In spite of urban development nearby, the woodlands of Eno River State Park are a peaceful haven. In the past farming and the timber industry took away much of the forest. Now the ridges, slopes, and flood plains are once again thick with vegetation. Oak, beech, poplar, maple, dogwood, pine, and hickory dominate the uplands. Sycamore, birch, and hornbeam shade the river banks.
Mountain laurel, Catawba rhododendron and ferns grow on the slopes and bluffs. Wildflowers bloom in the fields and forest from February through November. Vines such as greenbrier, grape, and trumpet flower are part of the backdrop of natural beauty at the park.
Plant communities along the river provide the perfect home for various animals. In the old fields you can find eastern cottontails and ground hogs. White-tailed deer, raccoons, squirrels, and oppossums feed on the fruits and seeds of the hardwood forest. Lucky visitors catch glimpses of chipmunks, otters, and possibly a bobcat.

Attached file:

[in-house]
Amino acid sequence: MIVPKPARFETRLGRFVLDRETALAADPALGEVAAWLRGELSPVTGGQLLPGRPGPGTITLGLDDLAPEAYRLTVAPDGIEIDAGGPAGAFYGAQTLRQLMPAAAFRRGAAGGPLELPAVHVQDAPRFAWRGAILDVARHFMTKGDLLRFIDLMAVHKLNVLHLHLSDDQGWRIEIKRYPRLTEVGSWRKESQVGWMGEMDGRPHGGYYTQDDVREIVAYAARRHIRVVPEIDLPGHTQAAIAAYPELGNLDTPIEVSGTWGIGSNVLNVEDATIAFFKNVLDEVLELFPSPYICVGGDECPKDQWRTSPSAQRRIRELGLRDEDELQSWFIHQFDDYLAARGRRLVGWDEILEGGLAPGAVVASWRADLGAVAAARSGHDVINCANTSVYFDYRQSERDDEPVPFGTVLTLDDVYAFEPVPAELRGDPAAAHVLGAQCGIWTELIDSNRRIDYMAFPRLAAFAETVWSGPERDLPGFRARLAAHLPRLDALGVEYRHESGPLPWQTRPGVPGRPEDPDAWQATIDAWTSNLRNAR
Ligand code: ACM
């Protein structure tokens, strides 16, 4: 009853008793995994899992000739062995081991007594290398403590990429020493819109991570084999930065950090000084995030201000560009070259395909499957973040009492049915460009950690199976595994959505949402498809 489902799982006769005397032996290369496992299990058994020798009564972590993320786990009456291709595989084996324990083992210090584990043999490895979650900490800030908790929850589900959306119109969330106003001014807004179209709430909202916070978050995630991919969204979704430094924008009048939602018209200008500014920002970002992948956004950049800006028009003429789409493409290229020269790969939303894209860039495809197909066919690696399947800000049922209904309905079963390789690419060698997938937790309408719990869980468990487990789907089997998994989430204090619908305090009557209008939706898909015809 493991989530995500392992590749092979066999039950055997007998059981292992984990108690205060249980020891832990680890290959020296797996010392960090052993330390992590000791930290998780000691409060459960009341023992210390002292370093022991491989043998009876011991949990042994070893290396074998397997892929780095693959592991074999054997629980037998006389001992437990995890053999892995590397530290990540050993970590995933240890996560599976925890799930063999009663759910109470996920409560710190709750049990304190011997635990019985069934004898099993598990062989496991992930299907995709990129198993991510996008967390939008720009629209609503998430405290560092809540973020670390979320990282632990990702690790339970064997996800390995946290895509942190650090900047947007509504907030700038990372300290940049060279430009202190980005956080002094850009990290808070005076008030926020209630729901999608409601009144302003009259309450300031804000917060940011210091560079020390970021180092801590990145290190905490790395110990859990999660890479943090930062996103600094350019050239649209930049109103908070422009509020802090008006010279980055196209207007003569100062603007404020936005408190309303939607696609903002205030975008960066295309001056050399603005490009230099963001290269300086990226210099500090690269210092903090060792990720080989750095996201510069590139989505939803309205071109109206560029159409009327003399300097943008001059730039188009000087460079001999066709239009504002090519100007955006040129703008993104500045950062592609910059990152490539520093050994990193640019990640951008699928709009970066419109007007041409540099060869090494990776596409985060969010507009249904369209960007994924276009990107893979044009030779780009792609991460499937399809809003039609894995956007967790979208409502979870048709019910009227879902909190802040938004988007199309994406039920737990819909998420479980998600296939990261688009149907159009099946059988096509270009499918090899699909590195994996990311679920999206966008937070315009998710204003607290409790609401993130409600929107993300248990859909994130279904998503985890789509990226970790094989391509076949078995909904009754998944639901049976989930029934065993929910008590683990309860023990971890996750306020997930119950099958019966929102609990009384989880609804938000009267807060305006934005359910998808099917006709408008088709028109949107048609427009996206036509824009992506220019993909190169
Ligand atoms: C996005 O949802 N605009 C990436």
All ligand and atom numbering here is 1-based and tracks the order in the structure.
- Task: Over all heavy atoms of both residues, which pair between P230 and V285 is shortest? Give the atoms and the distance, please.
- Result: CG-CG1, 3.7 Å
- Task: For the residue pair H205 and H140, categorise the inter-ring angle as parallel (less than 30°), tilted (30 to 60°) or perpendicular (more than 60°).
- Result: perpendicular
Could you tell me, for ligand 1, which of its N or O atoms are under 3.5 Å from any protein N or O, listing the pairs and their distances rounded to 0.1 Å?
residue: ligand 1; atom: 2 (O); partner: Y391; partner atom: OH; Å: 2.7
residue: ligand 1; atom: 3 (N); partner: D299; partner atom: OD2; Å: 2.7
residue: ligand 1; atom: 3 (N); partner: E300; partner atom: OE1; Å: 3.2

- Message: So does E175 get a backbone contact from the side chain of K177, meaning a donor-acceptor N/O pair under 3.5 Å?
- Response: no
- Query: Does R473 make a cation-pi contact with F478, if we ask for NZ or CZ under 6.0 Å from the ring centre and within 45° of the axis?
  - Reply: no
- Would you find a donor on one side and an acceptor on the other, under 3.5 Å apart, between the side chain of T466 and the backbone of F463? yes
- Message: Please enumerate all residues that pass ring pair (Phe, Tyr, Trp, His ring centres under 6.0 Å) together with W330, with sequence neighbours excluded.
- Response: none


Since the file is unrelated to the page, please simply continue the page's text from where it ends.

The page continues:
Birds serenade everywhere in the park. The calls of the red-tailed hawk, barred owl, and crows mingle with the melodies of more than one-hundred kinds of song birds. Wood ducks, great blue herons, and belted kingfishers thrive around the river. Wild turkeys are often seen in the forest.
Beaver are one of the most intriguing animals in the park. This resourceful animal was almost killed off in North Carolina due to excessive trapping but is now back in many parts of the state. They are creatures of the night and seldom seen, but gnawed off stumps and tree trunks are tell-tale signs the beaver has been searching for food. The best times to see a beaver are at dusk or dawn at the river.
The park office provides several wildlife checklists for the park.